2. Make sure we carried a small broom and dustpan with us for brushing out the inside of the tent, and for brushing the debris off the outside when packing up.

3. Make sure we have a warm wool blanket for under our mattresses as the nights are freezing, and the cold air comes up through the mattresses.

4. Mornington Wilderness Camp was the highlight of this couples trip. As limited numbers are allowed in at Mornington, we should phone and try to arrange at least a couple of nights there, and prioritise this in our schedule above all else – these sentiments were reflected in the comments of other travellers the whole length of the Gibb.

So, what did we do – we woke up around 6am on the day of commencement on the Gibb river, eager to get started, and three hours before the shops opened. Nah!! we decided we’d manage without the tarp, without the small broom, without the wool blanket, and without phoning to book into Mornington……… A decision we later regretted!

By 7.10am we were on our way.

Quick update on the Gibb

Thought I’d post a quick update to let everyone know we finished the Gibb River Road today. We now have a couple of days to re-group, do some washing, and a grocery re-stock before we head off on the next leg with the tent, which is up to Cape Leveque.

We’ll try and get started with downloading photos and getting some posted before we head back into the dark ages again (no internet or phone cover up at the Cape).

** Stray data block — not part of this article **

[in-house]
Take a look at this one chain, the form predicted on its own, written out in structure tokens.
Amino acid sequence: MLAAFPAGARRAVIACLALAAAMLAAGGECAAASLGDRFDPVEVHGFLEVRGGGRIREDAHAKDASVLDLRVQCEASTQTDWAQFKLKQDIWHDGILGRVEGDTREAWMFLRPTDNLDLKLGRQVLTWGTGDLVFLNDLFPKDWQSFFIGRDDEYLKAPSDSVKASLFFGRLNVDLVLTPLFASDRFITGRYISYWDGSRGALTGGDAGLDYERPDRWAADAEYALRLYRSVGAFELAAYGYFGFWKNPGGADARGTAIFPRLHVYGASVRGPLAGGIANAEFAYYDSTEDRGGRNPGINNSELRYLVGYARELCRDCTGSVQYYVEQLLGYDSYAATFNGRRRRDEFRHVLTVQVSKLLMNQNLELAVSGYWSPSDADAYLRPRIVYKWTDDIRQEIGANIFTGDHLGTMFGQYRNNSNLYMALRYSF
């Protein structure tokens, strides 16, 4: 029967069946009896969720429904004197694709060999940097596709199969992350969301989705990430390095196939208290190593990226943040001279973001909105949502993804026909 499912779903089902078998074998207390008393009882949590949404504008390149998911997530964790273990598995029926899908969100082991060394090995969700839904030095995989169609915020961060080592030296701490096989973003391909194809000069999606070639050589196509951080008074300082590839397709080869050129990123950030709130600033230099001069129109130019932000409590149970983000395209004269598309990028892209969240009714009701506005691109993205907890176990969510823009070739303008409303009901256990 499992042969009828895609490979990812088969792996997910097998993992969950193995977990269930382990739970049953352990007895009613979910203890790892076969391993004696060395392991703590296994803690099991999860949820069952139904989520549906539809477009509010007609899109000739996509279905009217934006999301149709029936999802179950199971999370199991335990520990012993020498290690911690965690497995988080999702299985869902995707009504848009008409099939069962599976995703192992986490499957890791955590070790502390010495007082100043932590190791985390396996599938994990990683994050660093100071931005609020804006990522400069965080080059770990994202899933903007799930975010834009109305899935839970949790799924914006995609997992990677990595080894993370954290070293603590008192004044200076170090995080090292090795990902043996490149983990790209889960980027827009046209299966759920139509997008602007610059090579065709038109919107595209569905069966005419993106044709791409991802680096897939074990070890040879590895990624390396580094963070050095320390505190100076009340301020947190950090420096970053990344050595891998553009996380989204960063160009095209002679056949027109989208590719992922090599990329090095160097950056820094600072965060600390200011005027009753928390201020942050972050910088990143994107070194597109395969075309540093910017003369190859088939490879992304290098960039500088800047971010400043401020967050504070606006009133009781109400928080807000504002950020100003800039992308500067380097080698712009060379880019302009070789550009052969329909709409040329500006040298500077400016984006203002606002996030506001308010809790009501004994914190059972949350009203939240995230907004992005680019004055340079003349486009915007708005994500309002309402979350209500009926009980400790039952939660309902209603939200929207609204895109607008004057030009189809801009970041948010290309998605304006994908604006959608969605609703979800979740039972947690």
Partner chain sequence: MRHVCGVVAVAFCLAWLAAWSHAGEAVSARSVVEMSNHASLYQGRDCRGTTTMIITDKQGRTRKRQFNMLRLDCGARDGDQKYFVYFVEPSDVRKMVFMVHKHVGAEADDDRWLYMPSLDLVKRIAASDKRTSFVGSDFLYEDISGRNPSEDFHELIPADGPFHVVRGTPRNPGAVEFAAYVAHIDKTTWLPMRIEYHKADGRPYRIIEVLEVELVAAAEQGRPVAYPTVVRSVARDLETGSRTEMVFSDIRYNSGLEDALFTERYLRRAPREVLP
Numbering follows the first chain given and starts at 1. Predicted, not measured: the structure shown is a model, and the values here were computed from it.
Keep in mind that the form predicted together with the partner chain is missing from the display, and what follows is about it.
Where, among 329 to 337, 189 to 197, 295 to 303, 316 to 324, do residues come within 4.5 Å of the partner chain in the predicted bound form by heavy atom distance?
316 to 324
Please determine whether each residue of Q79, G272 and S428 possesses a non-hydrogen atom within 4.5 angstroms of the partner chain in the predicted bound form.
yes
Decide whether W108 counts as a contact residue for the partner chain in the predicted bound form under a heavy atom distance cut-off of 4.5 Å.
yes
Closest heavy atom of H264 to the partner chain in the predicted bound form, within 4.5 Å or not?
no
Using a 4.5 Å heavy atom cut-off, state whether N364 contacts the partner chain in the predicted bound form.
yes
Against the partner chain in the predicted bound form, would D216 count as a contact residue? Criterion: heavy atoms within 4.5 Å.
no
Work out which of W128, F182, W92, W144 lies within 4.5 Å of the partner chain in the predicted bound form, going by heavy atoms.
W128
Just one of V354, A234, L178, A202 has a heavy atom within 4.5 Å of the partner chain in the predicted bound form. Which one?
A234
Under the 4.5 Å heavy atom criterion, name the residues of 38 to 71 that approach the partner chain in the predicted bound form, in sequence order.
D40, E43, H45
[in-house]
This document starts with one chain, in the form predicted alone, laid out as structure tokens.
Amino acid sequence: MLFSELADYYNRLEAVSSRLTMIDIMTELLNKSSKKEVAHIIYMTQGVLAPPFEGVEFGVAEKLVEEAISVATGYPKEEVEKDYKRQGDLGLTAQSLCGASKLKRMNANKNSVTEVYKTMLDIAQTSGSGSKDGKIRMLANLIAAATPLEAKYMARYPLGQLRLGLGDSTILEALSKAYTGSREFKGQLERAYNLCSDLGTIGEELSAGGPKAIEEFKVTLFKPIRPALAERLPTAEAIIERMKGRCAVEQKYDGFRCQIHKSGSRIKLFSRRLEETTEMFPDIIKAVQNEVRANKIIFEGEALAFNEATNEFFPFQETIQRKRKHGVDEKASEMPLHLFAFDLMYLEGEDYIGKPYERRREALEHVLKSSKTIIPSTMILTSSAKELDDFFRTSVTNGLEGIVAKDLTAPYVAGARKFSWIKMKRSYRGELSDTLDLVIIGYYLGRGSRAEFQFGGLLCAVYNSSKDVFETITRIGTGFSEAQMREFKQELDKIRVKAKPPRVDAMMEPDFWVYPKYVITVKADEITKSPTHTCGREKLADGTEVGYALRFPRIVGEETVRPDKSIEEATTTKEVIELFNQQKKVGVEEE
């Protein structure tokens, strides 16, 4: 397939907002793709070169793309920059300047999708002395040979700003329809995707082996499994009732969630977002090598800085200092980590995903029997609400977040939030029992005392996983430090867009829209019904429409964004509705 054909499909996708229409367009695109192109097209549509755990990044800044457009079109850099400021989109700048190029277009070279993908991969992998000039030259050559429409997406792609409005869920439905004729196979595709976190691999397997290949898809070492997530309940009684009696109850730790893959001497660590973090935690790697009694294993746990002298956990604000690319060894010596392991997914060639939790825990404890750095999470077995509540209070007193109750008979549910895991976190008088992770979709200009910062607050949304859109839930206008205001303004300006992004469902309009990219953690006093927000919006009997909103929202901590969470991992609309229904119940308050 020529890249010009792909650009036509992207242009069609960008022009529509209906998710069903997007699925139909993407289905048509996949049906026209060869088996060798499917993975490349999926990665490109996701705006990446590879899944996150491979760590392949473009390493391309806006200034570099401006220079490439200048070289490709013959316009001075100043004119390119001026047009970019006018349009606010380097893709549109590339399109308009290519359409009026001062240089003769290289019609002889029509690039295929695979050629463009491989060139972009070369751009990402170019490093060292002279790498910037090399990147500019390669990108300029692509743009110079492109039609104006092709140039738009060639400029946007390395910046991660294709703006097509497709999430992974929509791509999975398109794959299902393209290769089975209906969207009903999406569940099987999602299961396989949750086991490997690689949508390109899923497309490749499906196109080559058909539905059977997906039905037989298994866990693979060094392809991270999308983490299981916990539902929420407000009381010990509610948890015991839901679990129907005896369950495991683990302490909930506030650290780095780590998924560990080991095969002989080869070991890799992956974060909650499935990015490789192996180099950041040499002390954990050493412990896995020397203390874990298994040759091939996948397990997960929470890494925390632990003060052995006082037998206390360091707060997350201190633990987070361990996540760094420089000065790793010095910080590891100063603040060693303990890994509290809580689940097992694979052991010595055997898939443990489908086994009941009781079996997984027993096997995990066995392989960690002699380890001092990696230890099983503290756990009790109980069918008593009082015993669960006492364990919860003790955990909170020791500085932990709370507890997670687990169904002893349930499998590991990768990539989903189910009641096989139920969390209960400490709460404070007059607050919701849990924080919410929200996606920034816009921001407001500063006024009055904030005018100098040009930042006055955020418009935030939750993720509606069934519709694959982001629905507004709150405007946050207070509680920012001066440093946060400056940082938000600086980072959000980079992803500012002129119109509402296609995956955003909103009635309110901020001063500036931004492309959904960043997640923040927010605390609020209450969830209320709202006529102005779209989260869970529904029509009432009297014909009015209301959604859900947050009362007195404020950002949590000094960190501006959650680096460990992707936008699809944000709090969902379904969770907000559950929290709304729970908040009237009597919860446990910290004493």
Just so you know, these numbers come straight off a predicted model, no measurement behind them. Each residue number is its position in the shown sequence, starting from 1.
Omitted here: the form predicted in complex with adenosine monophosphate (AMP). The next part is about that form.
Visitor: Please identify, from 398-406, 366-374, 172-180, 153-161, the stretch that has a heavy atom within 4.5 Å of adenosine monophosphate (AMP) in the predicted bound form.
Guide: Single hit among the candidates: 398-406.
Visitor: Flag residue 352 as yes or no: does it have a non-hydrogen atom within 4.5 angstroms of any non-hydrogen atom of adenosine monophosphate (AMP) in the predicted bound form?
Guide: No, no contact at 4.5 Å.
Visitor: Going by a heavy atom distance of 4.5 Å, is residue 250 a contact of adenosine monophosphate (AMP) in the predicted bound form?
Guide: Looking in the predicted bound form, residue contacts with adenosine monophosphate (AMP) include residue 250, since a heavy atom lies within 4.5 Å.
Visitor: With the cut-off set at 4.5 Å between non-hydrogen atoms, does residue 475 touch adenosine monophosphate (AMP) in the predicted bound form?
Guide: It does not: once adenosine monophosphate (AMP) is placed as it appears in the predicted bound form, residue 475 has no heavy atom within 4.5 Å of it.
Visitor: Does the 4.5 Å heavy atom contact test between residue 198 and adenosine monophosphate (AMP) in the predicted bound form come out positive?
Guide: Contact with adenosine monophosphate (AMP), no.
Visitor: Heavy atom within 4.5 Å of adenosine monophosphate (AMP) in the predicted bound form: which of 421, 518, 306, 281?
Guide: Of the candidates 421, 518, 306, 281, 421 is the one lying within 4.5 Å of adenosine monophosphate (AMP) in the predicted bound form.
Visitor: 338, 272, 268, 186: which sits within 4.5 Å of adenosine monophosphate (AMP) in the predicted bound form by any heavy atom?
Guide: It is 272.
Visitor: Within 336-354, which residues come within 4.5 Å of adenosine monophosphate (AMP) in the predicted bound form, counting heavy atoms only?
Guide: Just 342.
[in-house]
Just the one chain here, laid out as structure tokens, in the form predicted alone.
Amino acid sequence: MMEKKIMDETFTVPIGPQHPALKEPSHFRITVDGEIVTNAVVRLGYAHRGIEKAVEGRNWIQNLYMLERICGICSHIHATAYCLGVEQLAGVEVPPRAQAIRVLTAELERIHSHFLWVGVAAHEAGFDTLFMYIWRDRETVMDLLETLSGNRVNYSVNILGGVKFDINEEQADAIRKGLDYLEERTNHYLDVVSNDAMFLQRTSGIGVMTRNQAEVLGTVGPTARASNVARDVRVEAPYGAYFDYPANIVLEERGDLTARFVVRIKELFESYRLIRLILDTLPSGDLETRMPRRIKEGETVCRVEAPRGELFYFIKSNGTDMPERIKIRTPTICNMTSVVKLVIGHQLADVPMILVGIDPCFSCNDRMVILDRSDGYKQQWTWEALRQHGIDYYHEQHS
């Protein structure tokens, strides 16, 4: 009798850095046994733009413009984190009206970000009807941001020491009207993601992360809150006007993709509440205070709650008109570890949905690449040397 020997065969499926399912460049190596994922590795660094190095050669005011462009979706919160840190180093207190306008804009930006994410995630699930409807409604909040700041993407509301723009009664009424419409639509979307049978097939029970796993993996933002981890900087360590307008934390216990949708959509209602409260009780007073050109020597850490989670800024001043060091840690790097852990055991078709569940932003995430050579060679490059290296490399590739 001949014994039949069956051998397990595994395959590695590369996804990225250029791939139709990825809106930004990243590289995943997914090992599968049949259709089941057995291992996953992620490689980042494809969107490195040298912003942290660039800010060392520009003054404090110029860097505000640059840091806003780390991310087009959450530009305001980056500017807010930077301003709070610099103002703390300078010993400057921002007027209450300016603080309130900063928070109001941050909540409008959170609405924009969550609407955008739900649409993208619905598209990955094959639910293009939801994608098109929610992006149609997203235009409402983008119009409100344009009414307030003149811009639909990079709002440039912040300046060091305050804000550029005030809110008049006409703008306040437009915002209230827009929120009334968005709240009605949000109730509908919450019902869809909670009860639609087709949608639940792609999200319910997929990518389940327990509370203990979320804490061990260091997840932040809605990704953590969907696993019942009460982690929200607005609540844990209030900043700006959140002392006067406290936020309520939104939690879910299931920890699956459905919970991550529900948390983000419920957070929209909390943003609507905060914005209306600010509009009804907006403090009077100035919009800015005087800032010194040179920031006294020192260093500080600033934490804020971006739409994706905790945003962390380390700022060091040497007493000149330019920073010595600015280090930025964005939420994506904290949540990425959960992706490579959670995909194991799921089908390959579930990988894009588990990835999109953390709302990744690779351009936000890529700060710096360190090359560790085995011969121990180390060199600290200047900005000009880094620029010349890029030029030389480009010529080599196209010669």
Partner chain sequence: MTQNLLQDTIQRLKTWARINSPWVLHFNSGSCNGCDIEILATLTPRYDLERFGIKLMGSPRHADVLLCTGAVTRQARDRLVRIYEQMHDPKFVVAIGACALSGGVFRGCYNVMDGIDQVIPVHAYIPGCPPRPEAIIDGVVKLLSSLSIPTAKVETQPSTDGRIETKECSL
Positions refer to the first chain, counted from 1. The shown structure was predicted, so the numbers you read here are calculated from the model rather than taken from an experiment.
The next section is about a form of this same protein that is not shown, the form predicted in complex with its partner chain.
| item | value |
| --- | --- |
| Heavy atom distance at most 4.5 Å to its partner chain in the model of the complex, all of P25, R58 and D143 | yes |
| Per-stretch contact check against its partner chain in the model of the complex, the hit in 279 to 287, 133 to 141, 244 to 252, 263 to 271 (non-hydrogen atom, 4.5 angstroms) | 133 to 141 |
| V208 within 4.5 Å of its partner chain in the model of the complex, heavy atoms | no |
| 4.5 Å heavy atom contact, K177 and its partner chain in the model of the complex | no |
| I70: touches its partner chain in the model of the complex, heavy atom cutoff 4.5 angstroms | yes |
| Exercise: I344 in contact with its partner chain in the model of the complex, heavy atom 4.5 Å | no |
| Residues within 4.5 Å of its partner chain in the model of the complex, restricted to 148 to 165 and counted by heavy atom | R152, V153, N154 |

We’ve had an amazing time, and seen some amazing scenery – awesome!!!!! We’ve been shaken about on roads with deeper corragations than I’ve ever seen. Someone measured the depth in one place at 15cms (6 inches). They were like speed humps. We’ve breathed in more than our fair share of dust, and it’s likely going to take at least a week to scrub that same dust out of our pores.

We’ve seen broken down cars, caravans and camper trailers being recovered and transported out on the back of flat bed trucks, and we’ve seen cars taped together with duct tape, or strapped up with luggage straps. We’ve seen people with their arms in slings, or hobbling with broken toes or twisted knees or ankles. I’m happy to say though that both Paul and I, and our car seem to have survived relatively in tact – not even a puncture. We’ve yet to clean the dust from the car – with the dust off a few dents or scratchers could possibly be revealed.

We’ve driven down four wheel drive tracks, the likes of which make the ones chosen as extreme during our four wheel drive courses look like novice tracks. I’ve uttered more ‘Holey Moleys,’ inter-laced with expletives than I’ve ever uttered. But we’ve done it, and we’ve loved it.

Details and photos coming soon, so watch this space.

Final preparations for the Gibb River

This will most likely be my last blog post for a few weeks. We’re unlikely to have any cover for phone or for the net after we leave Derby tomorrow night, so won’t be able to make, or receive phone calls or emails from anyone. If anything occurs that’s urgent, we’re heading to Derby tomorrow to stay overnight, then heading in an Easterly direction across the Gibb River. I’m sure the police will locate us via the grapevine if the need arises, but I’m sure that’s not going to be necessary…

Our itenary has changed a little as the planning has progressed. As it stands at the moment we expect to be making our way towards Drysdale Station over the first few days, then we’ll be at Drysdale for 20th and 21st June, Parry Creek on 24th and 25th, Bungles, 26th and 27th, Cape Leveque 30th June – 4th July, then Banana Wells from 4th July – 8th. Then back into Cable Beach. We hope we’ve allowed enough time.